Prior to undergoing surgery, you and your doctor will work through all of the pre-op paperwork, requirements, and patient history. You will need to sign a consent form, discuss previous scrotal surgeries, and plan your way home post-surgery. To prepare, don’t take any aspirin, ibuprofen, or naproxen for 2 weeks before your surgery as they can increase the risk of post-op bleeding.4 Shower, clean your scrotum, and, if directed by your doctor, shave it.4 Eat only a small snack before surgery and bring a jock strap or snug briefs to increase post-op comfort.

     

  9. What is the Procedure Like?

    The entire procedure only takes about 30 minutes, often less.4 Your doctor will numb the area and begin the surgery with two small incisions on the scrotum. Next, the vas deferens are lifted through the small incisions, cut, and sealed off.4 Afterwards, your doctor will stitch you up and let you relax until you feel ready to head home.

    Since your doctor numbs you before the surgery, there should be no pain throughout. If you feel any pain, alert your doctor immediately.

     

  10. What is the Healing Time?

    The recovery time varies from person to person, but the first week tends to be a little uncomfortable. Your scrotum may look bruised, slightly swollen, or have a small amount of bloody discharge coming from the incision—all of which are perfectly normal.4 For the first few days, try to relax and stay off of your feet, use ice packs to help reduce swelling, and avoid any strenuous activity for at least 7 days. Follow all of your doctor’s specific post-op instructions, as they may vary from person to person. Most people feel well enough to resume their daily routine on the fourth day of recovery. 

     

  11. When Can I Have Sex After a Vasectomy?

    The most common question is about resuming sexual activity. Talk to your doctor about how long you should wait before having sex. Usually, you should be cleared to have protected sex within about a week.5 If you engage in sexual activity at this time, it will be before you’re sterile, so make sure to use an alternate form of birth control. Sex should feel exactly the same as before as vasectomies do not change any aspect of sexual functioning.4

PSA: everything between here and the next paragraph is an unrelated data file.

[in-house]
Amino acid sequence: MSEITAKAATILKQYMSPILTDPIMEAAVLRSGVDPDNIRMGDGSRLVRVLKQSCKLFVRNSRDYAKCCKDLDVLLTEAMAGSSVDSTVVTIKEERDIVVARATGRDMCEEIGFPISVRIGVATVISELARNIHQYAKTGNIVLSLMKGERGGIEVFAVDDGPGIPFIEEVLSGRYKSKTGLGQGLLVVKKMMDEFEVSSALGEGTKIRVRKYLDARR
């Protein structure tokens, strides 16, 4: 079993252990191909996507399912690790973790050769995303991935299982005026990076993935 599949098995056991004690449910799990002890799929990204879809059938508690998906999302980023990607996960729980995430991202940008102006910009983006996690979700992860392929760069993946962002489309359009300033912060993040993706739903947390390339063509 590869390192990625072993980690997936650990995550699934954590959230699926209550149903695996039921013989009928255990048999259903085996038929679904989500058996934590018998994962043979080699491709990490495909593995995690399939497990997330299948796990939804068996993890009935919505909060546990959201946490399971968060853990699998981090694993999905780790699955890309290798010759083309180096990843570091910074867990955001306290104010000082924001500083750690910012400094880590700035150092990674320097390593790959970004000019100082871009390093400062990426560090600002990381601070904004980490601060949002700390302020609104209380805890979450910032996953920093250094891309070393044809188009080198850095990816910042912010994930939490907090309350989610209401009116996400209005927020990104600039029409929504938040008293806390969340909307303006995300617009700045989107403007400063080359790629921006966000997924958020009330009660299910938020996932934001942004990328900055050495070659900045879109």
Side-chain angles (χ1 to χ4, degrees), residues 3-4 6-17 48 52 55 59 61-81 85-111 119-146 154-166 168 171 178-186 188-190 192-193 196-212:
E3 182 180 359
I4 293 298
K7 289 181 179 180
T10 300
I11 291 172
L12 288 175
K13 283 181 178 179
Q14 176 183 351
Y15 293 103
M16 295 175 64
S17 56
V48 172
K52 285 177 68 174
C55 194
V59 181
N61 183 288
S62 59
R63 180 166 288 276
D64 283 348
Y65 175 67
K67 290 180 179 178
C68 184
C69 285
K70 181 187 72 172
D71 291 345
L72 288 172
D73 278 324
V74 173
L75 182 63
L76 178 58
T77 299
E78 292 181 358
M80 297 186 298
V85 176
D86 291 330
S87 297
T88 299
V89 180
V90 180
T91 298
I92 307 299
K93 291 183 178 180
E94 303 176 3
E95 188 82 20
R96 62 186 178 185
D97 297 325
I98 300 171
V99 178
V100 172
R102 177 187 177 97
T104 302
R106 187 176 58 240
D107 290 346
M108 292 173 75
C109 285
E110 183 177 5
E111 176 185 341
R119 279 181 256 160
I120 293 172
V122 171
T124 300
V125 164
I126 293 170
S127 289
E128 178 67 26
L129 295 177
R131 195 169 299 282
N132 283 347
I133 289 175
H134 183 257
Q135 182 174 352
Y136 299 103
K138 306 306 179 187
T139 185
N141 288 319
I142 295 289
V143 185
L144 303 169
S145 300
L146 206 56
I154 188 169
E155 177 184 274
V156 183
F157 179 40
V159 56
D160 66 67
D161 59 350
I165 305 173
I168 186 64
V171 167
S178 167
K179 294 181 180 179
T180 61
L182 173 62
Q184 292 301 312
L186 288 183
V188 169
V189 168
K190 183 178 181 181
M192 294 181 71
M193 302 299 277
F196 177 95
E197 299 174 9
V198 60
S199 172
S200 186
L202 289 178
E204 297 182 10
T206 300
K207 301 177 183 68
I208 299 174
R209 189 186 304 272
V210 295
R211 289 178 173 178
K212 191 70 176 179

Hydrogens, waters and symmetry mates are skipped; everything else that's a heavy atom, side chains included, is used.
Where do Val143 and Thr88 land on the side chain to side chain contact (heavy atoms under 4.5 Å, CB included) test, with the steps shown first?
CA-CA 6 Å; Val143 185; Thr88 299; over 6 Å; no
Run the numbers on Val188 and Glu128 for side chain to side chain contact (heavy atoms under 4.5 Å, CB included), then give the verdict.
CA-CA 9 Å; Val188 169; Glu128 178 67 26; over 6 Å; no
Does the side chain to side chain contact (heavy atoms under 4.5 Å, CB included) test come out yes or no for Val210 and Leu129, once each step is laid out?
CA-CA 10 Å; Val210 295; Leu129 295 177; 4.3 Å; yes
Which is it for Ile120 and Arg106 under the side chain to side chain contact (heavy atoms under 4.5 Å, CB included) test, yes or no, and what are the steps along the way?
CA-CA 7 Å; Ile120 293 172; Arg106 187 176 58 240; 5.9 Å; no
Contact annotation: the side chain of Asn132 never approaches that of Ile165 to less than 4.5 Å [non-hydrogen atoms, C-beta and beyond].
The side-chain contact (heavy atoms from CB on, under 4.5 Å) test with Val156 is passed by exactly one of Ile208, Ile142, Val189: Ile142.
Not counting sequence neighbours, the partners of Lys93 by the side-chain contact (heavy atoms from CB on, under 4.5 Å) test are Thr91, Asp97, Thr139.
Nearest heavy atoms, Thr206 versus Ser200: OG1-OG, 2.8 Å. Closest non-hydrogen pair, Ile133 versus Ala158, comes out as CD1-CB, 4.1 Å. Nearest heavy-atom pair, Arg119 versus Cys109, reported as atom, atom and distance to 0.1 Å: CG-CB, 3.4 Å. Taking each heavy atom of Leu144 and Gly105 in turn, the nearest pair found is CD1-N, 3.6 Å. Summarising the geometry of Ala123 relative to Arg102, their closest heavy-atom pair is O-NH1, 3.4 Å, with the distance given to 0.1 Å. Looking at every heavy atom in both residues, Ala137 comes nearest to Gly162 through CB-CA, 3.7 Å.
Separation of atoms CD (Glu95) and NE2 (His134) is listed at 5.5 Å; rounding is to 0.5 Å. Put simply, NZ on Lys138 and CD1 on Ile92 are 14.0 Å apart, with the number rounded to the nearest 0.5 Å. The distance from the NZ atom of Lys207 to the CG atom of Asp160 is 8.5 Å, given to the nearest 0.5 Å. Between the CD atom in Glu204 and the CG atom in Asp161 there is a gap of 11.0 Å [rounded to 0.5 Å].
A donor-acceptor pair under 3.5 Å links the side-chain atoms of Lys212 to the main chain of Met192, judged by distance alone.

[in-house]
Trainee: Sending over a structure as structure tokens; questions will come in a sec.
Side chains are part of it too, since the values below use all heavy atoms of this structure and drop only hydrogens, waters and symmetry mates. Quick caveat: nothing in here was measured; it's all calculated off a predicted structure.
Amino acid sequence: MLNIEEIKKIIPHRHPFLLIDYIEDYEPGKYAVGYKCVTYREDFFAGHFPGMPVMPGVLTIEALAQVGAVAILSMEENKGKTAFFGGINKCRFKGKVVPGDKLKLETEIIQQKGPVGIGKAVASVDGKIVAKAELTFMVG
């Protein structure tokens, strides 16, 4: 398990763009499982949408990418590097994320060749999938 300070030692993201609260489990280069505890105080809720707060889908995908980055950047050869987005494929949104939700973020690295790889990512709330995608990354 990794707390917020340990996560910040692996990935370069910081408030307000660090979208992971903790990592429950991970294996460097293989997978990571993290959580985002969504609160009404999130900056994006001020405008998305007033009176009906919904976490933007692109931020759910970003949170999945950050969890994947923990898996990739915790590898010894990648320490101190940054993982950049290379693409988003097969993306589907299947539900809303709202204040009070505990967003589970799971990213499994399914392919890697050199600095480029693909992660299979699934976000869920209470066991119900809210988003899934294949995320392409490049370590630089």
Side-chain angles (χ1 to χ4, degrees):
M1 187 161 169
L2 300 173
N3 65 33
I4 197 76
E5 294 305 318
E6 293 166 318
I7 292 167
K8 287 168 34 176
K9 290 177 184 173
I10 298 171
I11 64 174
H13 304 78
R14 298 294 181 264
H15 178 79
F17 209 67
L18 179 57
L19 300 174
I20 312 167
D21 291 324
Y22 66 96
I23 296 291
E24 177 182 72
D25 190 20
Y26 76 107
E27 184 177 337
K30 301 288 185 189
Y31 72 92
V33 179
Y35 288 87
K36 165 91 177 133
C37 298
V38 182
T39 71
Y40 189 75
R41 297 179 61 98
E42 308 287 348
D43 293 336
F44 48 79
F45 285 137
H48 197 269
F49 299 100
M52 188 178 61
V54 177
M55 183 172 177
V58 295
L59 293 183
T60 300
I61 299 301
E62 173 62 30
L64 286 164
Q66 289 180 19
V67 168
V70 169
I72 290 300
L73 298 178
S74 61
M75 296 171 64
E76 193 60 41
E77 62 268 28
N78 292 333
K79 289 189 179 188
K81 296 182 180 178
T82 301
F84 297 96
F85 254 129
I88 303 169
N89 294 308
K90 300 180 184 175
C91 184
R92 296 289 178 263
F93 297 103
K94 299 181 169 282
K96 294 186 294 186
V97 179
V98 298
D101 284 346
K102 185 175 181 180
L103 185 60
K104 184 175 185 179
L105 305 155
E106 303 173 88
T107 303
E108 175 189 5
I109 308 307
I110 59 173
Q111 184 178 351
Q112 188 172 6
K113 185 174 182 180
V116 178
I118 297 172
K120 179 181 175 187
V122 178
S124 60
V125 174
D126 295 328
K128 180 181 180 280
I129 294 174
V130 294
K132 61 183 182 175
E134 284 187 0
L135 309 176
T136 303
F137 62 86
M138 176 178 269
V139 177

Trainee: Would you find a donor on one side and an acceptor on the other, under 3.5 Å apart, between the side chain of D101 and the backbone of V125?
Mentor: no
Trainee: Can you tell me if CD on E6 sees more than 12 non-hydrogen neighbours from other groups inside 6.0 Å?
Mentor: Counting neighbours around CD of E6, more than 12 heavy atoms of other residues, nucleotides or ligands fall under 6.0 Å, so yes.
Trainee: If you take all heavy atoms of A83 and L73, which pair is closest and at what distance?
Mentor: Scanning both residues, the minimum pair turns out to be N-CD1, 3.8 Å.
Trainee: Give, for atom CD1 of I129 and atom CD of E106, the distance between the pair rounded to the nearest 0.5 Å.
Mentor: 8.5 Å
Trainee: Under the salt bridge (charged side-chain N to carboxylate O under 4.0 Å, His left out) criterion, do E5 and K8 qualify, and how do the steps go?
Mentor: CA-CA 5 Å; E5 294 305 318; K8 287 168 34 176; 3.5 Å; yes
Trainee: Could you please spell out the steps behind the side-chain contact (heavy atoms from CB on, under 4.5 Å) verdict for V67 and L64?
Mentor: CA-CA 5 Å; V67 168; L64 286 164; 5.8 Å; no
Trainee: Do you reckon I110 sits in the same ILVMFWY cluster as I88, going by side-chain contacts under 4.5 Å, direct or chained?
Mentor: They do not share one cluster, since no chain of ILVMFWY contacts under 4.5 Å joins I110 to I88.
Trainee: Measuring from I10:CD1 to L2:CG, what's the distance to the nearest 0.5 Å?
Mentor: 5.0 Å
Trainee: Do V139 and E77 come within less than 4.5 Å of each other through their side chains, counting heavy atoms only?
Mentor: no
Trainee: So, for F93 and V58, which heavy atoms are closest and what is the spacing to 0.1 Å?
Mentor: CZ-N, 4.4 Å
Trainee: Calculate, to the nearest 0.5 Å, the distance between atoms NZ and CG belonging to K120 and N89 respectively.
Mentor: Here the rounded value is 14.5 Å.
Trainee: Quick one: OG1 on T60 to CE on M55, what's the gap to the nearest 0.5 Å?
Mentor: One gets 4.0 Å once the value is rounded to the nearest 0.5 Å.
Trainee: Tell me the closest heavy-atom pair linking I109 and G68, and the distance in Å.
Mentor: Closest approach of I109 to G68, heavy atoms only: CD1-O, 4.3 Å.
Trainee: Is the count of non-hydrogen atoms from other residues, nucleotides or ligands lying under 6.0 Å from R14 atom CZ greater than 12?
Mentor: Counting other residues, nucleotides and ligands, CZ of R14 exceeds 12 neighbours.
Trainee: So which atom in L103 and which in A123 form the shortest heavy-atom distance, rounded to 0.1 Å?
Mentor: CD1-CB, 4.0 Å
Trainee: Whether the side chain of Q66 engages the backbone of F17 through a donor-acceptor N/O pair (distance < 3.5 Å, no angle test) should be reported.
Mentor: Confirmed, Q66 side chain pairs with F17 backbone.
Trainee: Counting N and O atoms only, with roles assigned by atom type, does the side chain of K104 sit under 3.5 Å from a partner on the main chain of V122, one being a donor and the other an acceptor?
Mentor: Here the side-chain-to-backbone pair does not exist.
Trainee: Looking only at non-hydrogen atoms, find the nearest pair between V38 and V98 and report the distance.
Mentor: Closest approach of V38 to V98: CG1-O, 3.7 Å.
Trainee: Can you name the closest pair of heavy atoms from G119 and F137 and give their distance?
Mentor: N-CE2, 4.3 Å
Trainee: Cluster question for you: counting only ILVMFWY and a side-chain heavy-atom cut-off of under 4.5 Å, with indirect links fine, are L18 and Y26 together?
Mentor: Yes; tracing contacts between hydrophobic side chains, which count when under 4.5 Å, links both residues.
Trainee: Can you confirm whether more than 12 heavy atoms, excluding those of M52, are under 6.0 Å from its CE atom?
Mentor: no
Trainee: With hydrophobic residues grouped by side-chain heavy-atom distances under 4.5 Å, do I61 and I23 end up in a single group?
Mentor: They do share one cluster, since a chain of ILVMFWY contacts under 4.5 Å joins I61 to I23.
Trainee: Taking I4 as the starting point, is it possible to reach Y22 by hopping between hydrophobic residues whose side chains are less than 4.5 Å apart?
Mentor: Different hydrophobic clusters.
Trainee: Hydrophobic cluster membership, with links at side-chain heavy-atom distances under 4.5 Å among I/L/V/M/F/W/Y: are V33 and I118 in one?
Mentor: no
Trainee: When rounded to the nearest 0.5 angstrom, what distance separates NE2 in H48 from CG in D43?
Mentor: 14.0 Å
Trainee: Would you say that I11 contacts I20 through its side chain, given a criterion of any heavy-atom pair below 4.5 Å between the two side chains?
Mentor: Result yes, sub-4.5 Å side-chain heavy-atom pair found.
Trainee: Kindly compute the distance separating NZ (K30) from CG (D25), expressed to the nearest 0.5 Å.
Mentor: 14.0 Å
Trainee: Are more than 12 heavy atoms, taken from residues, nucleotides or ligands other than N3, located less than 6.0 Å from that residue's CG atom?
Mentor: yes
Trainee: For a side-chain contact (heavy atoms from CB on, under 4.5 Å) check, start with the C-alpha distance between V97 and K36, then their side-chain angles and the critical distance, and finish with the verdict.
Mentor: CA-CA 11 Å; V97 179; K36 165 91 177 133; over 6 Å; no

If you feel like your sexual ability is decreased, or are experiencing a lower libido, it is likely from mental distress. If this is affecting you, talk to your doctor about your options.

     

  12. Are Vasectomies Covered by Insurance?

    Most insurance providers do cover vasectomies, but you should always double-check with your provider prior to scheduling anything. Different insurance providers will have different co-pays, waiting periods, or other necessary qualifications for coverage. Again, always confirm with your provider to see if your eligible to receive a vasectomy covered by insurance.

     

  13. Can I Store Sperm Before a Vasectomy?

If you don’t anticipate wanting children, but are a little nervous about the possibility of changing your mind in the future, there is an opportunity for you to store viable sperm prior to getting your vasectomy. Sperm freezing is an effective way to ensure that you have reproductive sperm available if a future vasectomy reversal procedure doesn’t work. Again, if you have any doubts, it’s important to fully consider your actions before getting a vasectomy.

Conclusion

Before getting a vasectomy, you should seriously consider all of your options and make sure that you’re mentally ready and willing to move forward. If you have any doubts, it’s better to continue using alternative forms of birth control. While there are a number of vasectomy reversal procedures now available, they’re not 100% guaranteed to work so it’s risky. In the mean time, if you need any urological supplies or want to learn more about urology procedures, illnesses, or products, visit our educational support page or our product selection guide. Byram Healthcare is proud to offer full-service urological care and we have all the high quality urological supplies that you need. If you need to order any urological supplies, all of your orders can be discreetly delivered to your home, at any time of the day. If you have any urological questions or need personalized, confidential services, our teams of knowledgeable urological customer service specialists are here to help. 

 

 

Sources:

1https://www.capecodhealth.org/medical-services/urology-services-surgery/8-questions-to-ask-before-your-vasectomy/

2https://www.metrocentre.com.au/patients/media-centre/questions-ask-undertake-vasectomy/

3https://www.fphandbook.org/questions-and-answers-about-vasectomy

4https://www.fairview.org/patient-education/89319

5https://urologyspecialistsnc.com/questions-vasectomy

6https://businessjournaldaily.com/8-questions-men-most-commonly-ask-about-vasectomies/